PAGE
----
European Commission green paper on overfishing


in Economics, Politics, Rants, Science

Artwork at the ROM

In addition to their illegal and deeply unethical fishing practices overseas, countries in the European Union have also been exploiting local stocks in an unsustainable way, encouraged partly by counterproductive government policies. All this is clearly articled in a green paper issued by the European Commission and described by the BBC. It mentions factors including subsidized fuel, and the willingness of politicians to inflate allowable catch numbers in defiance of scientific advice.

If we are ever going to get sustainable global fisheries, we are going to need governments with the fortitude and integrity to manage their own fish stocks, first. The sad examples set by Europe, Canada, and others are not encouraging on that front. Indeed, it continues to appear that reduced human consumption of fish will arise as the inevitable product of over-exploitation, not as the result of restraint motivated by long-term self interest (much less, any concern for marine ecosystems themselves). Hopefully, voters will eventually become cognizant of what is happening and demand that politicians abandon their damaging support for a fishing industry driven by the availability of short-term profits, rather than the management of a potentially sustainable resource.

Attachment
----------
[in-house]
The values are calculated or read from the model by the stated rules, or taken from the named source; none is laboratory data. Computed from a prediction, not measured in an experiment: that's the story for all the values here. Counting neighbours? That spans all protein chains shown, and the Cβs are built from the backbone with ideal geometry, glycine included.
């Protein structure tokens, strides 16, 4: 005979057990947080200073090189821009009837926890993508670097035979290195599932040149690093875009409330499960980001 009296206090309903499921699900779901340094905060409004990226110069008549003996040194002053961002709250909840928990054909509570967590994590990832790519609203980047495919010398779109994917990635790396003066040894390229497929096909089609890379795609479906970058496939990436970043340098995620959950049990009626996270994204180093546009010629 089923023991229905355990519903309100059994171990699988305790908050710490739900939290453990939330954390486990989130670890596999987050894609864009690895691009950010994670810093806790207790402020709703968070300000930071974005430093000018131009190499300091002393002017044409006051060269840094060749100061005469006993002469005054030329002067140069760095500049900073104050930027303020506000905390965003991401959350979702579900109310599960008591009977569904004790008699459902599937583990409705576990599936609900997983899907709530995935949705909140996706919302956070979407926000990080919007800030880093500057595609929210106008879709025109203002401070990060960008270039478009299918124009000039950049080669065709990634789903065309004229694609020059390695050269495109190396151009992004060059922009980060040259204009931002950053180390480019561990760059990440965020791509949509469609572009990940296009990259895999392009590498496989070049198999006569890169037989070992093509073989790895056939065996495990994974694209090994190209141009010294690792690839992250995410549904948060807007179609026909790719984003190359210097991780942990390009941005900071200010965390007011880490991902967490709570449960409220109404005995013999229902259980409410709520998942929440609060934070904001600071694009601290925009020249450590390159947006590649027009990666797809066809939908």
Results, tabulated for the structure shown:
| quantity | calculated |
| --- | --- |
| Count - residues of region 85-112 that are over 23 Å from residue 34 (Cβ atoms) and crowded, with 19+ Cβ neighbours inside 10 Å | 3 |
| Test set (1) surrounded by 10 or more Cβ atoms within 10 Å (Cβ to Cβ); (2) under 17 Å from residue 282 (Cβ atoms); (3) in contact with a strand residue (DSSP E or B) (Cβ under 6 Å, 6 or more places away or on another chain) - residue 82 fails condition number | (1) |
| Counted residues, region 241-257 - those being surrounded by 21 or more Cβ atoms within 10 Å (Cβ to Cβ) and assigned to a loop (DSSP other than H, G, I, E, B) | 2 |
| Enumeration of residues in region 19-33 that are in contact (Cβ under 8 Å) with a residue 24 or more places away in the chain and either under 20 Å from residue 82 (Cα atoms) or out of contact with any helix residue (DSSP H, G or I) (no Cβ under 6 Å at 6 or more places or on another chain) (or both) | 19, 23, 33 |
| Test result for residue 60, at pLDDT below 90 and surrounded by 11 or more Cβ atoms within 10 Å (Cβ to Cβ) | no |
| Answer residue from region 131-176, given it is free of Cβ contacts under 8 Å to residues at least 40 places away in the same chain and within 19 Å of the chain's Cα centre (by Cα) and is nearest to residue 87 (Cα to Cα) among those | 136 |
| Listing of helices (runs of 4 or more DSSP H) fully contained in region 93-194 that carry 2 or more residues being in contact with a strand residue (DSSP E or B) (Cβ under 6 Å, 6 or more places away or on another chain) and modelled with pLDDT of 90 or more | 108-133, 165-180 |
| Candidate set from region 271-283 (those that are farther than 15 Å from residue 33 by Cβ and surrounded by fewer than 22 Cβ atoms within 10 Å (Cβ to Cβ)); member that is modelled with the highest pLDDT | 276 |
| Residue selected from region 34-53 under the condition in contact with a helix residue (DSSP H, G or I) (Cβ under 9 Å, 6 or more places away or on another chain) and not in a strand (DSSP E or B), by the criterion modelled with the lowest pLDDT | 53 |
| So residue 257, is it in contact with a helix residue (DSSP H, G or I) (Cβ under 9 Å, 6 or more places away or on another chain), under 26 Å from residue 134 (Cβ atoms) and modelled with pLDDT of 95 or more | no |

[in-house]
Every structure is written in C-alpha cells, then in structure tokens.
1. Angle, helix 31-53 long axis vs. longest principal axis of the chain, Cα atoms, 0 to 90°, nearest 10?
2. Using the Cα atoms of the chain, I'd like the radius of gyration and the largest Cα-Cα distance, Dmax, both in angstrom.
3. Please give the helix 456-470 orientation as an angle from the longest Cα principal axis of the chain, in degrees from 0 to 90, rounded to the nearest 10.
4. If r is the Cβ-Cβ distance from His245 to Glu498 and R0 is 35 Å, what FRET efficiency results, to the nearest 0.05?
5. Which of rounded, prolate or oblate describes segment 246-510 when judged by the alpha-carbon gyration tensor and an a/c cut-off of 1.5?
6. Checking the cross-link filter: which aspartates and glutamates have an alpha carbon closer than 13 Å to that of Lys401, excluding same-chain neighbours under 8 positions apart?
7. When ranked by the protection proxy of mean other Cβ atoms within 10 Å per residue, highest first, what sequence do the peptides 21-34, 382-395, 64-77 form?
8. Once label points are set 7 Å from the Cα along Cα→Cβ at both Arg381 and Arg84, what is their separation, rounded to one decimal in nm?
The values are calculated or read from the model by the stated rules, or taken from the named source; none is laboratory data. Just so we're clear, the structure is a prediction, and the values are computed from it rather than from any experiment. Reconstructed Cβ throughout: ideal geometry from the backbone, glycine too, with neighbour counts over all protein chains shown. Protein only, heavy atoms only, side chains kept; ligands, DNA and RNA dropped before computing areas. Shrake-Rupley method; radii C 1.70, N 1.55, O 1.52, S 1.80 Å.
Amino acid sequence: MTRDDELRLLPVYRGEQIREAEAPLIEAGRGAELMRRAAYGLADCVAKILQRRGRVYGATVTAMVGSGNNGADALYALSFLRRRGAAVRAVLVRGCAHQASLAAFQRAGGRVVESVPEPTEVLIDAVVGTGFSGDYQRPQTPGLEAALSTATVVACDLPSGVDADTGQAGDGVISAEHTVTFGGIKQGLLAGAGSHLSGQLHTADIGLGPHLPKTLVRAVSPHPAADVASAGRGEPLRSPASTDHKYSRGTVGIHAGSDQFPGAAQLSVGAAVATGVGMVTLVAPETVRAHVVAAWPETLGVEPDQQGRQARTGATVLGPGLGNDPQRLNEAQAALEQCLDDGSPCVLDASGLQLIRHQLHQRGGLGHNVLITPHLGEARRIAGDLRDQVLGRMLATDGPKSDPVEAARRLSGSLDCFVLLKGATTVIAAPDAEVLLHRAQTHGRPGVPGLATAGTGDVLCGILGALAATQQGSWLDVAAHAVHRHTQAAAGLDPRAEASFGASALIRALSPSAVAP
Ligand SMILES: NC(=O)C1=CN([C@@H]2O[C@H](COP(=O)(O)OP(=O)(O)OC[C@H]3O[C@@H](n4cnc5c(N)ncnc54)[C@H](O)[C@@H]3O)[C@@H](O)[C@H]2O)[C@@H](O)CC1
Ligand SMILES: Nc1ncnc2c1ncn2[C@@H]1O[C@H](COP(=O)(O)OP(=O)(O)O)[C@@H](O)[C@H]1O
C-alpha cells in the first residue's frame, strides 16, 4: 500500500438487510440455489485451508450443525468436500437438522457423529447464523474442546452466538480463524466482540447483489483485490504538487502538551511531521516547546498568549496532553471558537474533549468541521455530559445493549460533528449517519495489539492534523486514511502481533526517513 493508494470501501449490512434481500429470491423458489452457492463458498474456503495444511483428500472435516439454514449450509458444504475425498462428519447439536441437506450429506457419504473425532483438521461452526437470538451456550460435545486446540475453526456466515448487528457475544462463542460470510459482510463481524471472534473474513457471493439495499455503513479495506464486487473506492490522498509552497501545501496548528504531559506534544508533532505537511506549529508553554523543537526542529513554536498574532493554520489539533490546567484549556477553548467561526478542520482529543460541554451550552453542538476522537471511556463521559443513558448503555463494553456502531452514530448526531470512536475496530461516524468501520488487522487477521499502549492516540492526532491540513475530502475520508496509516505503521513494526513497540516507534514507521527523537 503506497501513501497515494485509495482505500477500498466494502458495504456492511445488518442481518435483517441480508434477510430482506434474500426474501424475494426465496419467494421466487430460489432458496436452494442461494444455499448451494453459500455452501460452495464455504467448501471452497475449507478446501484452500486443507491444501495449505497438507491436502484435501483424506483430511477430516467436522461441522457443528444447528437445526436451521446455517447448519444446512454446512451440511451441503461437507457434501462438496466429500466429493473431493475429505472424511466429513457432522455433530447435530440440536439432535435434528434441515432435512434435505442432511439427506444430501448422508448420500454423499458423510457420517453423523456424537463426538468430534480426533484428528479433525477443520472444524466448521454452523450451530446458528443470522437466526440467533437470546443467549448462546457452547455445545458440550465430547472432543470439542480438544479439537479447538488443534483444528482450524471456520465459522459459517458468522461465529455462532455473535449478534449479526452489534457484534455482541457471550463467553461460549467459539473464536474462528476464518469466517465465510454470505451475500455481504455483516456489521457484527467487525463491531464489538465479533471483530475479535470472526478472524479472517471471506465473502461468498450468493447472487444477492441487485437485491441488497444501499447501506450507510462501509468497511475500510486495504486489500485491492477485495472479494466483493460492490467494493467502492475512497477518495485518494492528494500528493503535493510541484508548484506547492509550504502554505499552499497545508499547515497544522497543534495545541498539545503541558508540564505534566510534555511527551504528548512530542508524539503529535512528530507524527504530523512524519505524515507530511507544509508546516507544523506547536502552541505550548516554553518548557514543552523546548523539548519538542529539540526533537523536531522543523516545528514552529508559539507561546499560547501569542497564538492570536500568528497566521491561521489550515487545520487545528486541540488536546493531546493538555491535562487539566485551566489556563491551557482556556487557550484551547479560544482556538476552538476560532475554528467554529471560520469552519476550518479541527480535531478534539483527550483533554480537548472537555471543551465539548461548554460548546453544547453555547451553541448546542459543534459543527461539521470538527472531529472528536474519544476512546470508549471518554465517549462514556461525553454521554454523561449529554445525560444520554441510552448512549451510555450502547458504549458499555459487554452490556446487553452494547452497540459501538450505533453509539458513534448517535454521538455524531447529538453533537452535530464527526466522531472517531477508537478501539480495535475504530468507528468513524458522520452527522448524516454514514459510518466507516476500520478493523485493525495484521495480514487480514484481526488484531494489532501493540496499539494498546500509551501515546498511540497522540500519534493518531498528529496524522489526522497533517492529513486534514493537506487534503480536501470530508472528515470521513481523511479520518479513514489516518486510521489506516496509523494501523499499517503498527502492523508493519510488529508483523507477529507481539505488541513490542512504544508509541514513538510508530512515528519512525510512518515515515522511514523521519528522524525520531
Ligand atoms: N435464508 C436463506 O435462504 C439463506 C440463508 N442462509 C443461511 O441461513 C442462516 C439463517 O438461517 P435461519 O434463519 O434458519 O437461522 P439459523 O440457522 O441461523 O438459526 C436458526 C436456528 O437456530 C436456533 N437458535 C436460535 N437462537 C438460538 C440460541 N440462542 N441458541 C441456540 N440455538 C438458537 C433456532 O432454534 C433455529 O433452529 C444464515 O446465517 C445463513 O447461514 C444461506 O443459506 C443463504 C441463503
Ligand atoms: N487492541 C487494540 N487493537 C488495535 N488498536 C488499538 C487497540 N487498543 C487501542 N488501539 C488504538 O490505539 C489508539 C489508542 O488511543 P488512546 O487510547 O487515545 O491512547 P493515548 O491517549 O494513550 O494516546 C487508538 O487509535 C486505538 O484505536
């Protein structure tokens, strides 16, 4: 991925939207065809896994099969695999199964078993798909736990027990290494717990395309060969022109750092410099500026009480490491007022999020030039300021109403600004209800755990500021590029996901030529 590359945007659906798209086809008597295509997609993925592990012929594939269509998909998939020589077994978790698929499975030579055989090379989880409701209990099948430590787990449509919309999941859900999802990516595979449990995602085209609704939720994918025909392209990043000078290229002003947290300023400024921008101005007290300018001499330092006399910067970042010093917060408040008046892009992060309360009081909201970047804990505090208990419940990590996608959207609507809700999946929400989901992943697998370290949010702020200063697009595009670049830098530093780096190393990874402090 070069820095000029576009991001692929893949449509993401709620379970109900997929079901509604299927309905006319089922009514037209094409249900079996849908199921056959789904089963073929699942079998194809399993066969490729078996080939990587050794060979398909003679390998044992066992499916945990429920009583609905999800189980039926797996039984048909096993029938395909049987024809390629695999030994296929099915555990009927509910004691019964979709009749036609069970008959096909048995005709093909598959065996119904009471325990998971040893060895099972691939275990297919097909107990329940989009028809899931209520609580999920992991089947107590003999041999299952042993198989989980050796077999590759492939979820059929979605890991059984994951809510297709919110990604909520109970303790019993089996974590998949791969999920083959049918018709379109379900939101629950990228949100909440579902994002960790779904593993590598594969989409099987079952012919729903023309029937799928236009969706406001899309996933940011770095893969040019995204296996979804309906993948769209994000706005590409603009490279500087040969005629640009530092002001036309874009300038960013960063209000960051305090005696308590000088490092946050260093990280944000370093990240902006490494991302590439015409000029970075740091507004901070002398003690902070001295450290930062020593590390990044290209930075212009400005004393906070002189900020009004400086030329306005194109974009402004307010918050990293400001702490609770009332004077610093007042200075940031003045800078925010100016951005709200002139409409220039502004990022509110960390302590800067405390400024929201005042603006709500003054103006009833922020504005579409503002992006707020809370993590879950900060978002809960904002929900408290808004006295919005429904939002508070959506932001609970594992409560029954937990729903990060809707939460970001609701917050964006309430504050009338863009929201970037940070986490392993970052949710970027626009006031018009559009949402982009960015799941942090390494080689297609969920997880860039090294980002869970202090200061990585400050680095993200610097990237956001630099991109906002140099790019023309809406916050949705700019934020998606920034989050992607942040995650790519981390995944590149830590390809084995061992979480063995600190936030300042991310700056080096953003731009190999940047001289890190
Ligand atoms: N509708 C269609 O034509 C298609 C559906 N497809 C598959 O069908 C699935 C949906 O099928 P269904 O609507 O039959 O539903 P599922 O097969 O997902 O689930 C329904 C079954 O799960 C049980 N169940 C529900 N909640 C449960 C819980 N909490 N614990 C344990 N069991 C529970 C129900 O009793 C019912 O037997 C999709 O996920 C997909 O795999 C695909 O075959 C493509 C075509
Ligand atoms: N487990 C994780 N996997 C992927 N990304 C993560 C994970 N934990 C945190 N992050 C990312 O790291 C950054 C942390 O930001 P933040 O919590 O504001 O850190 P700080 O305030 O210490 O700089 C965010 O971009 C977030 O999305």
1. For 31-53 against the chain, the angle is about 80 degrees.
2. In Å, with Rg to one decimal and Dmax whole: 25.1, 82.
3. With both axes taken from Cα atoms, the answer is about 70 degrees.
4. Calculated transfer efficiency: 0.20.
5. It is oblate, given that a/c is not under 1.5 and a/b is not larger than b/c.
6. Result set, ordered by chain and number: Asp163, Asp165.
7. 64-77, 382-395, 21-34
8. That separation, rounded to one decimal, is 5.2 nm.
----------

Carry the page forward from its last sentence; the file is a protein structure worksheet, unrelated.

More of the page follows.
{ 7 comments… read them below or add one }

. April 21, 2009 at 12:06 pm

Blog index >> Fisheries

. April 21, 2009 at 3:21 pm

Boulogne, France (AHN) – Angry French fishermen blocked at least two ports on the English Channel to protest fishing quotas.

The indefinite Napoleonic-style blockade using underwater cables disrupted ferry and freight service.

Fishing fleets with 110 plus boats at the Calais and Boulogne ports were preventing ships from entering Tuesday.

At issue is European Union fishing quotas that French fishermen say are too tough. They say that small fishermen are being unnecessarily limited in what they can catch and they are angry at their government for not better standing up for their interests.

The protest was reportedly spreading to other ports.

Milan May 11, 2009 at 3:52 pm

The Economist has a good editorial criticizing the disaster that is the European Union’s fisheries policy:

Fishy tales

Apr 23rd 2009
From The Economist print edition
Only radical actions can save Europe’s fish—and its fishermen

“ASK insiders to describe the European Union’s fisheries policy, and you get a string of colourful metaphors. When fishermen want to catch more than scientists recommend, they are seeking “the right to cut their fingers off, one by one”, says one official. The December meetings at which ministers set catch limits are a “Barnum’s circus guided by short-termism”, says another. It is hard to disagree. Each December, supposedly rational politicians haggle for two days and nights to reach an irrational result. Quotas are often as much as 50% above those urged by scientists. National controls on fleets and harbours are so patchy that the EU’s Court of Auditors said in 2007 that real catch levels were “unknown”. Fishermen then exceed quotas with impunity.